As such, this is a massive work of historical revisionism which flies in the face of the mainstream narrative of the origins of World War II and the postwar period. But, far from the rantings of a crank, this is the work of a former President of the United States, who, in his career as an engineer and humanitarian work after World War I lived in or travelled extensively through all of the countries involved in the subsequent conflict and had high-level meetings with their governments. (Hoover was the only U.S. president to meet with Hitler; the contemporary notes from his 1938 meeting appear here starting on p. 837.) Further, it is a scholarly examination of the period, with extensive citations and excerpts of original sources. Hoover’s work in food relief in the aftermath of World War II provided additional entrée to governments in that period and an on-the-ground view of the situation as communism tightened its grip on Eastern Europe and sought to expand into Asia.

The amount of folly chronicled here is astonishing, and the extent of the human suffering it engendered is difficult to comprehend. Indeed, Hoover’s “just the facts” academic style may leave you wishing he expressed more visceral anger at all the horrible things that happened which did not have to. But then Hoover was an engineer, and we engineers don’t do visceral all that well. Now, Hoover was far from immune from blunders: his predecessor in the Oval Office called him “wonder boy” for his enthusiasm for grand progressive schemes, and Hoover’s mis-handling of the aftermath of the 1929 stock market crash turned what might have been a short and deep recession into the First Great Depression and set the stage for the New Deal. Yet here, I think Hoover the historian pretty much gets it right, and when reading these words, last revised in 1963, one gets the sense that the verdict of history has reinforced the evidence Hoover presents here, even though his view remains anathema in an academy almost entirely in the thrall of slavers.

In the last months of his life, Hoover worked furiously to ready the manuscript for publication; he viewed it as a large part of his life’s work and his final contribution to the history of the epoch. After his death, the Hoover Foundation did not proceed to publish the document for reasons which are now impossible to determine, since none of the people involved are now alive. One can speculate that they did not wish to embroil the just-deceased founder of their institution in what was sure to be a firestorm of controversy as he contradicted the smug consensus view of progressive historians of the time, but nobody really knows (and the editor, recruited by the successor of that foundation to prepare the work for publication, either did not have access to that aspect of the story or opted not to pursue it). In any case, the editor’s work was massive: sorting through thousands of documents and dozens of drafts of the work, trying to discern the author’s intent from pencilled-in marginal notes, tracking down citations and verifying quoted material, and writing an introduction of more than a hundred pages explaining the origins of the work, its historical context, and the methodology used to prepare this edition; the editing is a serious work of scholarship in its own right.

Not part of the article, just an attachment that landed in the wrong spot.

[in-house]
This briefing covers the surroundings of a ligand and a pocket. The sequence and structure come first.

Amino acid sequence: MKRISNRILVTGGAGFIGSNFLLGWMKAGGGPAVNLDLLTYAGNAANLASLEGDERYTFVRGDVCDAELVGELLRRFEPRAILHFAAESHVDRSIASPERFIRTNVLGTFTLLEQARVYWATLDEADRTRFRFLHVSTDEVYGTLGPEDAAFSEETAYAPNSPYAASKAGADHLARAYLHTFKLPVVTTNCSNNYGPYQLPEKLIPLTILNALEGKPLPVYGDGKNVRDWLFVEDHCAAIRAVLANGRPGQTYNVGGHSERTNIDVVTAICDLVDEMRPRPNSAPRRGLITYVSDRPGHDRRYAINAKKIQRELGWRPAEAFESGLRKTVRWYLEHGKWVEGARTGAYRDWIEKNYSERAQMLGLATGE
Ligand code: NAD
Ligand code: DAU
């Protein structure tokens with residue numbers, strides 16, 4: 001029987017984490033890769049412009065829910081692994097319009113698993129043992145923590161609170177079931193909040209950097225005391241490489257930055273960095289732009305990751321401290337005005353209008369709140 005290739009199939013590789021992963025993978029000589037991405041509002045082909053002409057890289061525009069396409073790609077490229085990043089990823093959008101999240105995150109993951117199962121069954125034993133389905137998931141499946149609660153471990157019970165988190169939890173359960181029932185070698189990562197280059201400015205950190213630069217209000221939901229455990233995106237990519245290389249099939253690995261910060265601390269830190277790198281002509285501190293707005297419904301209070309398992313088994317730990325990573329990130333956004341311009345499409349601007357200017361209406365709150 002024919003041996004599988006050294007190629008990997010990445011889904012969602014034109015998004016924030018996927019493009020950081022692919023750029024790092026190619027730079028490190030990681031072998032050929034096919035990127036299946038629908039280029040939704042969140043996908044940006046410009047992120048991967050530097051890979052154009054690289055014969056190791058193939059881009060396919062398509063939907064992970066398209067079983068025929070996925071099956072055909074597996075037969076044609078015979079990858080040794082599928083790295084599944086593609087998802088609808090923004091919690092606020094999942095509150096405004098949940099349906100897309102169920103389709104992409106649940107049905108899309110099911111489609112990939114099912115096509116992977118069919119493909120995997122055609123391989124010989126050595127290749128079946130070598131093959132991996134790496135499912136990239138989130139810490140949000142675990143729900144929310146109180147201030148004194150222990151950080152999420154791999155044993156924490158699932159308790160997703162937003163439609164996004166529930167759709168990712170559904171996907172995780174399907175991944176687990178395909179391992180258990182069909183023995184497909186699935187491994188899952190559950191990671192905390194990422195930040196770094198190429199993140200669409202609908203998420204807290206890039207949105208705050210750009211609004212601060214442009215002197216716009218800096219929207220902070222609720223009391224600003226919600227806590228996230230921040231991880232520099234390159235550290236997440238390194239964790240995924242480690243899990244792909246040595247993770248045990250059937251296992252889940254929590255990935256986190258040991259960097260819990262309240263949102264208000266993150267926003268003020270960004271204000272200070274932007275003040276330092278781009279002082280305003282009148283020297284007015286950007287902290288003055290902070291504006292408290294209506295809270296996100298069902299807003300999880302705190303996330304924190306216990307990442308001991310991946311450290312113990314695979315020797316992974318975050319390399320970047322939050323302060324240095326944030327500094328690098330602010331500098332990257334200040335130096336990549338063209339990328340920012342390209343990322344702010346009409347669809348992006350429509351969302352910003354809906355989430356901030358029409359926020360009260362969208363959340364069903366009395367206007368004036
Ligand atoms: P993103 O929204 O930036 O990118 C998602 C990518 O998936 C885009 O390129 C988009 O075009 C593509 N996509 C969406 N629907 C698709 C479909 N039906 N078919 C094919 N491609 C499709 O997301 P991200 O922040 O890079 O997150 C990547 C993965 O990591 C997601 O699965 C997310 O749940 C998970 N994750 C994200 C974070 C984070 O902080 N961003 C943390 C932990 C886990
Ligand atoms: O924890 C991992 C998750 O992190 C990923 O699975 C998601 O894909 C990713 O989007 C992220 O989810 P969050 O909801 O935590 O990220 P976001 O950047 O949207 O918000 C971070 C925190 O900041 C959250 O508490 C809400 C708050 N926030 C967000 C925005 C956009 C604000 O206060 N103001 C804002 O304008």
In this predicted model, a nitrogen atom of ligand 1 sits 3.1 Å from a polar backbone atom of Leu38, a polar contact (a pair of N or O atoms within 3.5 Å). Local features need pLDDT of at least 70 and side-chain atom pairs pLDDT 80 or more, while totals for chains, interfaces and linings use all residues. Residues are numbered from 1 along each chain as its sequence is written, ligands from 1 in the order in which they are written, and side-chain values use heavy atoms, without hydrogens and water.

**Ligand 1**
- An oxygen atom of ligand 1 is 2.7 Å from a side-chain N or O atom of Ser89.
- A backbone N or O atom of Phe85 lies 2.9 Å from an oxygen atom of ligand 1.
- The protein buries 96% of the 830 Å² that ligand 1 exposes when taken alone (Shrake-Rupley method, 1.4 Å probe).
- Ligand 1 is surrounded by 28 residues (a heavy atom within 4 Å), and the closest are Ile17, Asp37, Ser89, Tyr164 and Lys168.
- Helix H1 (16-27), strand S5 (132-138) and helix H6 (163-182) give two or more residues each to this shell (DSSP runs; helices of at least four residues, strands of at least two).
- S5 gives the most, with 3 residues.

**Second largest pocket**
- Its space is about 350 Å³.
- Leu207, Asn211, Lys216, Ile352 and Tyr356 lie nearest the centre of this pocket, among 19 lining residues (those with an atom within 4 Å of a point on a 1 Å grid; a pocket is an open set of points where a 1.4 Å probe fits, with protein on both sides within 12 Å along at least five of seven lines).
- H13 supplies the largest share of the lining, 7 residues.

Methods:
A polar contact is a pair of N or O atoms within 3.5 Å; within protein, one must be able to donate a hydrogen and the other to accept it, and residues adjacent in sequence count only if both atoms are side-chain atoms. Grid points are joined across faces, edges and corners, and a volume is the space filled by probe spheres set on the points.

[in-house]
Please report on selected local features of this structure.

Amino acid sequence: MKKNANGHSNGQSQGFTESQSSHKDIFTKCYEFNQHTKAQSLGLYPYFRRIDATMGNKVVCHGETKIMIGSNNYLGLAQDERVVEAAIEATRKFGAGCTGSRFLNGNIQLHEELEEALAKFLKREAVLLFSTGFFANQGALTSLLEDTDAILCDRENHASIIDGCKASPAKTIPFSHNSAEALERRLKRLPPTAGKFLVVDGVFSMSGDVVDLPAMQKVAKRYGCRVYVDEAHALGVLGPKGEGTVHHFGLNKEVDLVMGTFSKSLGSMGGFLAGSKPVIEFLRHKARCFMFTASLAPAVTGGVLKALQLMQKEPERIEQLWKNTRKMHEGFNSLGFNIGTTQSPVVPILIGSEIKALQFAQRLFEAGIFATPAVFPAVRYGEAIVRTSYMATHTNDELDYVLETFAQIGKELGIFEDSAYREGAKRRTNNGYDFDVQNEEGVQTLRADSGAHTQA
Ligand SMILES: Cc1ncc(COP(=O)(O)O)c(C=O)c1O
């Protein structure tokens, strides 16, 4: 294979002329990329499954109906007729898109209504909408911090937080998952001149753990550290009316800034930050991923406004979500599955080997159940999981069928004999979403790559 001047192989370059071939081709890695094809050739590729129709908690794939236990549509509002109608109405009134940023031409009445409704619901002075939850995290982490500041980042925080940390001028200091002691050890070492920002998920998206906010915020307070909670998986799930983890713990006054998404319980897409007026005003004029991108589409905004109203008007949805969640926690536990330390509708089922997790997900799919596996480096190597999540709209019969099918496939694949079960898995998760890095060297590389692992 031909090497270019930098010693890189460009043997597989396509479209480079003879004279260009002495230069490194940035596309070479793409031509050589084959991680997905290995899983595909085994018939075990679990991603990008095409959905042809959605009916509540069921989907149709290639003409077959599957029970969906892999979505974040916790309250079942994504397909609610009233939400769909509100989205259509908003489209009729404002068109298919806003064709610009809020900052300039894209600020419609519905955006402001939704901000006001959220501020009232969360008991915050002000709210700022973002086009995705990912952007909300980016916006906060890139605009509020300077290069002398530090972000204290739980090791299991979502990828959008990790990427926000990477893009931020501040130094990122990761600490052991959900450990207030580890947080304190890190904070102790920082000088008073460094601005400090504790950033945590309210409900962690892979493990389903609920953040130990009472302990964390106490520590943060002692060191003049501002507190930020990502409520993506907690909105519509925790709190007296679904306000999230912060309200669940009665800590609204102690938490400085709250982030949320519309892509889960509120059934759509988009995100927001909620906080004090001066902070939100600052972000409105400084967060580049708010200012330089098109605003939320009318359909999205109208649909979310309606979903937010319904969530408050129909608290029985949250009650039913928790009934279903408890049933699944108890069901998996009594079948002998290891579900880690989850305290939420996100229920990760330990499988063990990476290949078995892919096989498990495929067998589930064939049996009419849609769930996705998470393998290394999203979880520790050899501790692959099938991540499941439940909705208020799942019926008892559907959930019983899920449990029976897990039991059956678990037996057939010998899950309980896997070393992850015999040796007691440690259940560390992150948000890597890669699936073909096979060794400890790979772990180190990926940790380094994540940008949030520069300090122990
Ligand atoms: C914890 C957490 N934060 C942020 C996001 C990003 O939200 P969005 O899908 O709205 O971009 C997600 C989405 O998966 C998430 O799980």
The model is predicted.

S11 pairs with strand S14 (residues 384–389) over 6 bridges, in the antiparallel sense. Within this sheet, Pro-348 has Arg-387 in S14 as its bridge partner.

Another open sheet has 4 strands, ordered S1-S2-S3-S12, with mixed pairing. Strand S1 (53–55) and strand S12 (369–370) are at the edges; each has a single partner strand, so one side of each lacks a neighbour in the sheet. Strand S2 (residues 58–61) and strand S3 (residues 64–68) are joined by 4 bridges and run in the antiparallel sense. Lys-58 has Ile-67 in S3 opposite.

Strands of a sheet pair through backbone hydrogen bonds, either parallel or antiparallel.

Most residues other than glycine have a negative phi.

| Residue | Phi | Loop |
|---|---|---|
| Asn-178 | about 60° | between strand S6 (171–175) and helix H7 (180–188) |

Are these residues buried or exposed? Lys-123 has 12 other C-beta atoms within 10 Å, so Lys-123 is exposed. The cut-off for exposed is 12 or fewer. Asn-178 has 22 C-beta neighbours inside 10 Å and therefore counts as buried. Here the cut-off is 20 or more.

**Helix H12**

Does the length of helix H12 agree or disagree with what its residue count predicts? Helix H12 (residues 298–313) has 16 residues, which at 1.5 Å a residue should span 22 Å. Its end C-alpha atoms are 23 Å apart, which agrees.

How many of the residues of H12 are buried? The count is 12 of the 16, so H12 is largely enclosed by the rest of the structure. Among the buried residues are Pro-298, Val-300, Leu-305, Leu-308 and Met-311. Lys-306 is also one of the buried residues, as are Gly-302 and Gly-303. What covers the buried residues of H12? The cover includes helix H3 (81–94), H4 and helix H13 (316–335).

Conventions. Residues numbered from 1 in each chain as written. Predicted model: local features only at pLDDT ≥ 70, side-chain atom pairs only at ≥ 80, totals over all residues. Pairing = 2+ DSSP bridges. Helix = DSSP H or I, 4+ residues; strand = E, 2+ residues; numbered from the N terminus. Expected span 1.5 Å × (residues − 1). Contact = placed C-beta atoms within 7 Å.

If you’re acquainted with the period, you’re unlikely to learn any new facts here, although Hoover’s first-hand impressions of countries and leaders are often insightful. In the decades after Hoover’s death, many documents which were under seal of official secrecy have become available, and very few of them contradict the picture presented here. (As a former president with many military and diplomatic contacts, Hoover doubtless had access to some of this material on a private basis, but he never violated these confidences in this work.) What you will learn from reading this book is that a set of facts can be interpreted in more than one way, and that if one looks at the events from 1932 through 1962 through the eyes of an observer who was, like Hoover, fundamentally a pacifist, humanitarian, and champion of liberty, you may end up with a very different impression than that in the mainstream history books. What the conventional wisdom deems a noble battle against evil can, from a different perspective, be seen as a preventable tragedy which not only consigned entire nations to slavery for decades, but sowed the seeds of tyranny in the U.S. as the welfare/warfare state consolidated itself upon the ashes of limited government and individual liberty.

Hoover, Herbert. Freedom Betrayed. Edited by George H. Nash. Stanford, CA: Hoover Institution Press, 2011. ISBN 978-0-8179-1234-5.


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TOTD December 14, 2017: Japanese Bingo

[Ed. Thoughts of the day don’t have to be long. Short is okay.]

Back on the wall there is a poster with different color circles. Those colors correspond to different color marbles in the octagonal thing in the center of the table. If you get the right color, you win. BTW, no white privilege here since white is the loser color.  You spin that once around and one marble falls out. I had ten tickets so I could spin it 10 times. (10 is a good number for me.) I WON!!! TWO PRIZES!!! I got a Red Marble and a Yellow Marble. I also won some gift certificates.